Venus after Botticelli by Yin Xin
Sorry for another late blog, but alas, some weekends are not meant to be, especially coming down after the WIPS and crawling back up again. The WIPs went pretty well (as some of you from my course might know) and it seems to be just a case of cracking on which, of course, I have been struggling to do thanks to all the other exciting things that I can't let go of...Such is life. I'm telling myself that tomorrow will be the day, and I will work from home so that I don't get distracted.
In the meantime, I thought I would quickly whiz through my thoughts of the Botticelli Reimagined exhibition (lots of reimagining going on, don't you think?). In spite of my busy-ness, somehow I told myself I had time to do this on the opening day with Chris and Hannah. I'll be frank - I thought that they had overdone it and lots of bits felt like fillers, probably because it is in the biggest exhibition space at the V&A. As a 'modernist' though, I loved a lot of the first room holding the 'Reimagined' bit, and much of it was incredibly impressive, sometimes accidental, interpretations of Venus, and it had a lot of potential for interesting debates around gender, sexuality, the sexed gaze, beauty, etc. etc. and yet, I personally was disappointed with the texts on the walls and descriptions of the works. But for now, I'll talk about the pieces I liked.
There were two stand out pieces for me, which immediately made me think about how the beauty portrayed in Botticelli's The Birth of Venus has penetrated contemporary visual media; the first is an outstanding painting by Yin Xin, which of course caught my eye as one of the few Asian artists involved in a very Euro-centric (of course) exhibition. Obviously, Venus portrays a Caucasian ideal of beauty, but I found this one of the most captivating pieces in the whole exhibition and wished there was more content or context so that it could really push its agenda. From Yin Xin's series After, which is a series of paintings that visually changes figures from very famous European paintings to ethnic Chinese, clearly Yin is trying to problematise this historic conception of European female beauty, magnified and idealised in these idols portrayed by European men. I felt like more emphasis would have globalised 'Reimagining' much more clearly than what had been shown.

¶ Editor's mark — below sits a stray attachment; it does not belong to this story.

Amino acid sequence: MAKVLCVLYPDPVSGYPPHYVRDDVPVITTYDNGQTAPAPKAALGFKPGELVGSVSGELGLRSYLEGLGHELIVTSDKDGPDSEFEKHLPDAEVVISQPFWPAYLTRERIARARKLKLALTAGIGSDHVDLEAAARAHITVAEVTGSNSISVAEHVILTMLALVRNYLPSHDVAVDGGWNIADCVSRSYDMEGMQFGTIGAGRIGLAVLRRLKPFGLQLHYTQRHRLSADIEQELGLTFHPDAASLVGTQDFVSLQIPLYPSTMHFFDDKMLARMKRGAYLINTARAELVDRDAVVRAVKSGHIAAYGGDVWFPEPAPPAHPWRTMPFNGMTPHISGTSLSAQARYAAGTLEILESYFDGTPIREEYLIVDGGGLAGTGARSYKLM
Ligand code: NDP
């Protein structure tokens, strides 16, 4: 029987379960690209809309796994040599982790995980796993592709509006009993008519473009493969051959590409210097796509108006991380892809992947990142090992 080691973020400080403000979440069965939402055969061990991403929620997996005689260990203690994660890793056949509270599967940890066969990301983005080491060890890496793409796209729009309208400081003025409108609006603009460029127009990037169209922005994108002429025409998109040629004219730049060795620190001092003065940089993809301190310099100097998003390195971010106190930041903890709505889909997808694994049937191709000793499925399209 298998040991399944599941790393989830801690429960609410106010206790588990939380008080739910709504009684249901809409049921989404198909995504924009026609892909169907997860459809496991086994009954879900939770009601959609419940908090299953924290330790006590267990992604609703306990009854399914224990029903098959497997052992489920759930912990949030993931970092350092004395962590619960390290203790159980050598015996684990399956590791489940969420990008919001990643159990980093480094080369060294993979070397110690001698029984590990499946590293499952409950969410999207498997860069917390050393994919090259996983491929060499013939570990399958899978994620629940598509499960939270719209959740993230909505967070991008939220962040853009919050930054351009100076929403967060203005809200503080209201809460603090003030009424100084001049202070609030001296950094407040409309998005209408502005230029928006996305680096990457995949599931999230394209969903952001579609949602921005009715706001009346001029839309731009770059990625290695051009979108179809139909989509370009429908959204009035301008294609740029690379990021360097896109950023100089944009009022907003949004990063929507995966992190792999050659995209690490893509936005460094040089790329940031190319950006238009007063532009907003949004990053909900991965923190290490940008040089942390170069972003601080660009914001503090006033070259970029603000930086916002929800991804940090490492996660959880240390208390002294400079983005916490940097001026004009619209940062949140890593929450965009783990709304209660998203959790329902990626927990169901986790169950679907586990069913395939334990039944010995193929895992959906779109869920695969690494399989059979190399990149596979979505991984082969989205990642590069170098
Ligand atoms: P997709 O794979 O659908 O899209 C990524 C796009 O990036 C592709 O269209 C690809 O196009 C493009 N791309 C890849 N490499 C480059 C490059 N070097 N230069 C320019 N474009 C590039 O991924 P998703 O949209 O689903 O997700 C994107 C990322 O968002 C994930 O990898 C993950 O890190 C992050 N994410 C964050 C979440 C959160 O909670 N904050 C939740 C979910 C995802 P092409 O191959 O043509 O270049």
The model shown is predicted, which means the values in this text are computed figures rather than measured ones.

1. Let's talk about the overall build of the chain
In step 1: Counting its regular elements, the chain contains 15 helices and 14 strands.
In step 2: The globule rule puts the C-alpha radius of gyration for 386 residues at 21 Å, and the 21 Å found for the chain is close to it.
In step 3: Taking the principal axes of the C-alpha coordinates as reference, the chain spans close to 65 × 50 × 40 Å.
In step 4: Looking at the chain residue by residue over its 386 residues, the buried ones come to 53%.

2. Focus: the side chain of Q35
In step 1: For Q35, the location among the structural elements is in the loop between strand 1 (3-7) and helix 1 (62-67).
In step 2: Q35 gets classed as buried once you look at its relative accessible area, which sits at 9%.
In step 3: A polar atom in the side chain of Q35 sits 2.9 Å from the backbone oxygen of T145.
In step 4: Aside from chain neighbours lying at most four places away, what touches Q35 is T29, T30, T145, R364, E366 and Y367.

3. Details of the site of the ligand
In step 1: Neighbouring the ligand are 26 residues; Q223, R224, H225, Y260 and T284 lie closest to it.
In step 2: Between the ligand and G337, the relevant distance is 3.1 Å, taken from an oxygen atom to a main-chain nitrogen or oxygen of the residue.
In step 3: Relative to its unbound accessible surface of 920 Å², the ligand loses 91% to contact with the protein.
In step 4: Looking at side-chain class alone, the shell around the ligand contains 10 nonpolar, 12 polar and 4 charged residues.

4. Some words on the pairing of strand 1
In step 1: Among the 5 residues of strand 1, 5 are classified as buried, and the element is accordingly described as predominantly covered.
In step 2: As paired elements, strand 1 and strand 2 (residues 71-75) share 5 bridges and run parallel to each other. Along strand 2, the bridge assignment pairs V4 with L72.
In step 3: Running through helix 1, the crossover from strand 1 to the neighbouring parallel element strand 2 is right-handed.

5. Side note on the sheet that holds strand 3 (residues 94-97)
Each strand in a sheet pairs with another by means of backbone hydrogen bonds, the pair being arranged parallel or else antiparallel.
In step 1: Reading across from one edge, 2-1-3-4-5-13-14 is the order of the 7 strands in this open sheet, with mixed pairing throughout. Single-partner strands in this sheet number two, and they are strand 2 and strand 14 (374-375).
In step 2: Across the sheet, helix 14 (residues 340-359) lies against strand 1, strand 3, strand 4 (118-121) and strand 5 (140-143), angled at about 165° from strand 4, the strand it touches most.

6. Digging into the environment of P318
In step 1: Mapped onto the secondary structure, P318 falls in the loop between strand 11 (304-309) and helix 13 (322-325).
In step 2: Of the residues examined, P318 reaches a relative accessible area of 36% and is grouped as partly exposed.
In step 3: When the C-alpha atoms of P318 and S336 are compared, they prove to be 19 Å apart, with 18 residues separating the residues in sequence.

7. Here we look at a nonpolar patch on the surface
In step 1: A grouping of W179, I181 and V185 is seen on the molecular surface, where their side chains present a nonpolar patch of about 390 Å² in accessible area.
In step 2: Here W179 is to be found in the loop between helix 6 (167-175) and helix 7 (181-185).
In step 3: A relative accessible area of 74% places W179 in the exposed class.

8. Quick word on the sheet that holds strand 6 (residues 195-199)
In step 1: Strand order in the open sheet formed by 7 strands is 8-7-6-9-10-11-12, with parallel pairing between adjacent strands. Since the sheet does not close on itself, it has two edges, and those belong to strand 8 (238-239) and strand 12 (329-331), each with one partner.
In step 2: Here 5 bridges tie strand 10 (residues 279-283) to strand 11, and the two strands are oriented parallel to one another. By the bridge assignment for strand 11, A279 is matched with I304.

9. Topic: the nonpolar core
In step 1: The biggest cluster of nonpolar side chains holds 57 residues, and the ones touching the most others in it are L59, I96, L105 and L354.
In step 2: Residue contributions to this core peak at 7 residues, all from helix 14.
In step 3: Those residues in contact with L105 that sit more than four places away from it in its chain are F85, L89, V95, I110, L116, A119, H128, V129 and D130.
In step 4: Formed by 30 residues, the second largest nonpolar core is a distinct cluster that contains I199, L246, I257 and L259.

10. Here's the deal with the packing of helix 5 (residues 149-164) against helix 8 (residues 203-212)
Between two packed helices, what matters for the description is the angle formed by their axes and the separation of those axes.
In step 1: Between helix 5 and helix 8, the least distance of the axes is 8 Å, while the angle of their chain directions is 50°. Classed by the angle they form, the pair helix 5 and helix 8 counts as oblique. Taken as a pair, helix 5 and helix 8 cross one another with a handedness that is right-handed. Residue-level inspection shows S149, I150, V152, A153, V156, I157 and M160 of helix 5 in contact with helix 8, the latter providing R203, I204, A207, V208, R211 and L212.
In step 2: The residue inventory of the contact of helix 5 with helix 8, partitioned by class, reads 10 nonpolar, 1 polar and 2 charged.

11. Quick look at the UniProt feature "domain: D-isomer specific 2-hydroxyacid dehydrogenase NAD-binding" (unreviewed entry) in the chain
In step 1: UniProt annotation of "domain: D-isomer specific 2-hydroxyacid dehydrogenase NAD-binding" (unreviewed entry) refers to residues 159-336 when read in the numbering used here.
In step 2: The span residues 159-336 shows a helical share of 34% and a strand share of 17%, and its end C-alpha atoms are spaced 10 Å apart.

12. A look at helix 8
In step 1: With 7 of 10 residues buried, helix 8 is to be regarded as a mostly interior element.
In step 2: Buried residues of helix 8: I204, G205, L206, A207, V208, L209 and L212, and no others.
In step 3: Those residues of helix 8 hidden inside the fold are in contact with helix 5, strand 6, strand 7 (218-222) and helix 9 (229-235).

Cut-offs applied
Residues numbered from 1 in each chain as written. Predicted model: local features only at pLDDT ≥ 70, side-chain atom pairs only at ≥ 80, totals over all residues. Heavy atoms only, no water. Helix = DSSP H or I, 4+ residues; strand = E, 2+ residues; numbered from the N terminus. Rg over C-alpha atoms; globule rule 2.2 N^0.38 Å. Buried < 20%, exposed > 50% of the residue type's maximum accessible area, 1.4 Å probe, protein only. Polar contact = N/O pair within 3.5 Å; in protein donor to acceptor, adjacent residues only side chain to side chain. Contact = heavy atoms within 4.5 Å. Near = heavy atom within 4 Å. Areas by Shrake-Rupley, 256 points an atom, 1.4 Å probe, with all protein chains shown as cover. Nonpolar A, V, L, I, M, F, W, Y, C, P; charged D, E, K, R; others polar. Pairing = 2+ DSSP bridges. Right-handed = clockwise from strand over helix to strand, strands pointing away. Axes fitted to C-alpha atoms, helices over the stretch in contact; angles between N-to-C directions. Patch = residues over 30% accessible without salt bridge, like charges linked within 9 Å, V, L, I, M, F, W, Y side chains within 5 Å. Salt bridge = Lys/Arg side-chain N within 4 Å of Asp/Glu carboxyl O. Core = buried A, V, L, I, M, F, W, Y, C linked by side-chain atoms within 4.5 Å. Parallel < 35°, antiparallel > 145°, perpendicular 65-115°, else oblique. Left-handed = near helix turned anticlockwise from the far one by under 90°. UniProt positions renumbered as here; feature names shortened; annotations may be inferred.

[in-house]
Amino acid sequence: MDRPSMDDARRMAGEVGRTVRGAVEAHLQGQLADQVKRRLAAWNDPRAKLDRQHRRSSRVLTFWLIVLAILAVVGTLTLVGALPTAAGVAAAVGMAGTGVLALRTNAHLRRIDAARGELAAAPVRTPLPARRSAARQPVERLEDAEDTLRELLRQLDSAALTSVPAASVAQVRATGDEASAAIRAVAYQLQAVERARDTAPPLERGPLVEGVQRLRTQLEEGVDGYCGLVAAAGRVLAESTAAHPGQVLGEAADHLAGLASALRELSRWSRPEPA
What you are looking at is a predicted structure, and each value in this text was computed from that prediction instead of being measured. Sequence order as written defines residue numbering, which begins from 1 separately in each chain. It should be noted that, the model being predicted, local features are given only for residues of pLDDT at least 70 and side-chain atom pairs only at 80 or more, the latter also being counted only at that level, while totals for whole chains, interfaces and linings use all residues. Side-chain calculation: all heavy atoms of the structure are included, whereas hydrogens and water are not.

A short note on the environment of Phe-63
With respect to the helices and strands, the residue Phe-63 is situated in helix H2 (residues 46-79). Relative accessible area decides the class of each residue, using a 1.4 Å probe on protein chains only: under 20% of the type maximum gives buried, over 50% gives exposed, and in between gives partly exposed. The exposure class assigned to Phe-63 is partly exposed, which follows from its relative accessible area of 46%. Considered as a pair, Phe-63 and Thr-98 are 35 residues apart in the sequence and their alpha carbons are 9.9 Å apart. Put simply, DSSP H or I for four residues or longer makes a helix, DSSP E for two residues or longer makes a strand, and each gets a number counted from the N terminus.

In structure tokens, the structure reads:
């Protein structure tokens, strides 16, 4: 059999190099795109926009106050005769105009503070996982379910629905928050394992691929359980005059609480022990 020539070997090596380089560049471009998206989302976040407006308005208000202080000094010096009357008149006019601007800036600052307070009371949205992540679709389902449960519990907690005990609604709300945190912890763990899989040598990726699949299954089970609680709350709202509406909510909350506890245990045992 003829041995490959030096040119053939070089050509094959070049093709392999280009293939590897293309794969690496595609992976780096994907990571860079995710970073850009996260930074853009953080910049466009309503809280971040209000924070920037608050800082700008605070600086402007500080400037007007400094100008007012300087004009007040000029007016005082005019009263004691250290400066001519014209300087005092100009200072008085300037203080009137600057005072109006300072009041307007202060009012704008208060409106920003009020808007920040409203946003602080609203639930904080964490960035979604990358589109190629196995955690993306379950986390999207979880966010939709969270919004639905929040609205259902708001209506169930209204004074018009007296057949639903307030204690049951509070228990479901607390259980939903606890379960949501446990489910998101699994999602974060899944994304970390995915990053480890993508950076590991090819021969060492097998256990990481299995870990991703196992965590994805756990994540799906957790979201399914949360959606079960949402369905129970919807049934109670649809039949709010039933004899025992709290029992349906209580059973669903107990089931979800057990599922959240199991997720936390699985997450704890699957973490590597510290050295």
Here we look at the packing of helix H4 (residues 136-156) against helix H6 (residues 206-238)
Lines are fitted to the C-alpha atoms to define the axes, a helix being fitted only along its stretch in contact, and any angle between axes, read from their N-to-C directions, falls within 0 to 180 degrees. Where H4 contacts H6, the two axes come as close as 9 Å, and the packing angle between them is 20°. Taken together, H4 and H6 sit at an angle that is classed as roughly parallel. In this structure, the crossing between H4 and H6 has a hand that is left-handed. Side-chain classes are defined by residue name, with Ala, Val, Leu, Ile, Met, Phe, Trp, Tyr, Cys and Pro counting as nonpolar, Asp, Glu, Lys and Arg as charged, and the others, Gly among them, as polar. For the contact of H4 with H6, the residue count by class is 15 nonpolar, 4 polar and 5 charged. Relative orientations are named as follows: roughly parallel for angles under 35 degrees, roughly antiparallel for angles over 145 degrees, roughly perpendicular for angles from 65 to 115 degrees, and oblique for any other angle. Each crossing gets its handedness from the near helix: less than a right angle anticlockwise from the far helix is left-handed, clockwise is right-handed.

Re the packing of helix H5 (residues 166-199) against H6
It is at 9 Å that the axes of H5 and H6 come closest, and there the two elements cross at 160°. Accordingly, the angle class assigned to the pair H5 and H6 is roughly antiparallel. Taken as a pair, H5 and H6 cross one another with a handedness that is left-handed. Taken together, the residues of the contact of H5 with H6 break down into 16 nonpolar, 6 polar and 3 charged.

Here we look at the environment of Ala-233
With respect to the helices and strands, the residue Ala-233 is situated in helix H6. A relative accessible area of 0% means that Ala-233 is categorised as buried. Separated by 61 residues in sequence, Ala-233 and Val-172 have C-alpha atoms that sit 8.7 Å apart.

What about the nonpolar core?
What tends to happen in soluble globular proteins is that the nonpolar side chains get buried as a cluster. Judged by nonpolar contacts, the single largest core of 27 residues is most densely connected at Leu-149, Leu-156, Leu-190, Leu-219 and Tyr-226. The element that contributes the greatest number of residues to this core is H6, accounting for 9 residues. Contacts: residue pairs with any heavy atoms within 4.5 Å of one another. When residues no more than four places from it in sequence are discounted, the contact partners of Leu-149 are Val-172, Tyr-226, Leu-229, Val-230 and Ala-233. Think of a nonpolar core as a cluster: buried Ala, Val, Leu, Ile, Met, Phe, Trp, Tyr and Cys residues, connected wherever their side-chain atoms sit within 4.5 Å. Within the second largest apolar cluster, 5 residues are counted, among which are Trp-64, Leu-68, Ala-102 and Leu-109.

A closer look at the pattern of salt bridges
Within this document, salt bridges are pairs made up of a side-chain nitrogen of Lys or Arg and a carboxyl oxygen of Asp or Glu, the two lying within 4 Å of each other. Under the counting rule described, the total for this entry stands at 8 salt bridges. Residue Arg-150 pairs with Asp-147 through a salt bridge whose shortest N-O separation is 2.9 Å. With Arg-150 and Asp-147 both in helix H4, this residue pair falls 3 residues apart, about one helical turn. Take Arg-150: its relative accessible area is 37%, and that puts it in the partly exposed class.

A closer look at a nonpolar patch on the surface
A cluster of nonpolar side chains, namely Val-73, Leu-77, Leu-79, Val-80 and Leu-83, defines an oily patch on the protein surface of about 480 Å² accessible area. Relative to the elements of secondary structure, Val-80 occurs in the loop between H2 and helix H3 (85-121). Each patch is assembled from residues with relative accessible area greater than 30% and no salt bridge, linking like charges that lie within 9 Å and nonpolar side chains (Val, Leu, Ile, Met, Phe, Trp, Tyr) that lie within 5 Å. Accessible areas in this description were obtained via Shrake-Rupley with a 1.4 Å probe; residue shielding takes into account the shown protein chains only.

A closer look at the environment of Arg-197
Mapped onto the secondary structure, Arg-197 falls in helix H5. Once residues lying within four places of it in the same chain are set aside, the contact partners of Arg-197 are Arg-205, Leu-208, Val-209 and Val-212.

The other was a display of two photographs by Rineke Dijkstra from her series of Beach Portraits, which apparently was not intended to look like interpretations of Venus. There is a beautiful innocence to these pictures, especially the one I have included below. The poses of the two girls are strikingly close to the painted pose of Botticelli's Venus, and does make you question where these influences, if any come from. Clearly in Venus it is a male gaze (Botticelli) forming a female figure with a combination of sexuality and youth. But I feel the intention here is different, and I think it makes you think about Venus herself as an adolescent girl, on the cusp of...something - it is neither womanhood or adulthood or even girlhood. I feel like the two photographs really revealed something about our gaze as an audience of young girls, a very contentious subject which the Dijkstra didn't seem to intend. Yet in the context of the exhibition, it brings out these very complicated relationships between the historic and contemporary views of girls and of ourselves.
After that, I wasn't massively impressed until the end room with two studies of Venus, two beautiful luminous, full body portraits of her. What was fantastic was being able to compare the two studies, noticing a fuller body, a different hairstyle, the slight tilt of the arm or the leg, which you never get to see with such famous paintings. Its great to see a process, maybe a 'vulnerability' in a work in progress, from what seems like a man who is intent on a specific beauty.
Beach Portraits by Rineke Dijkstra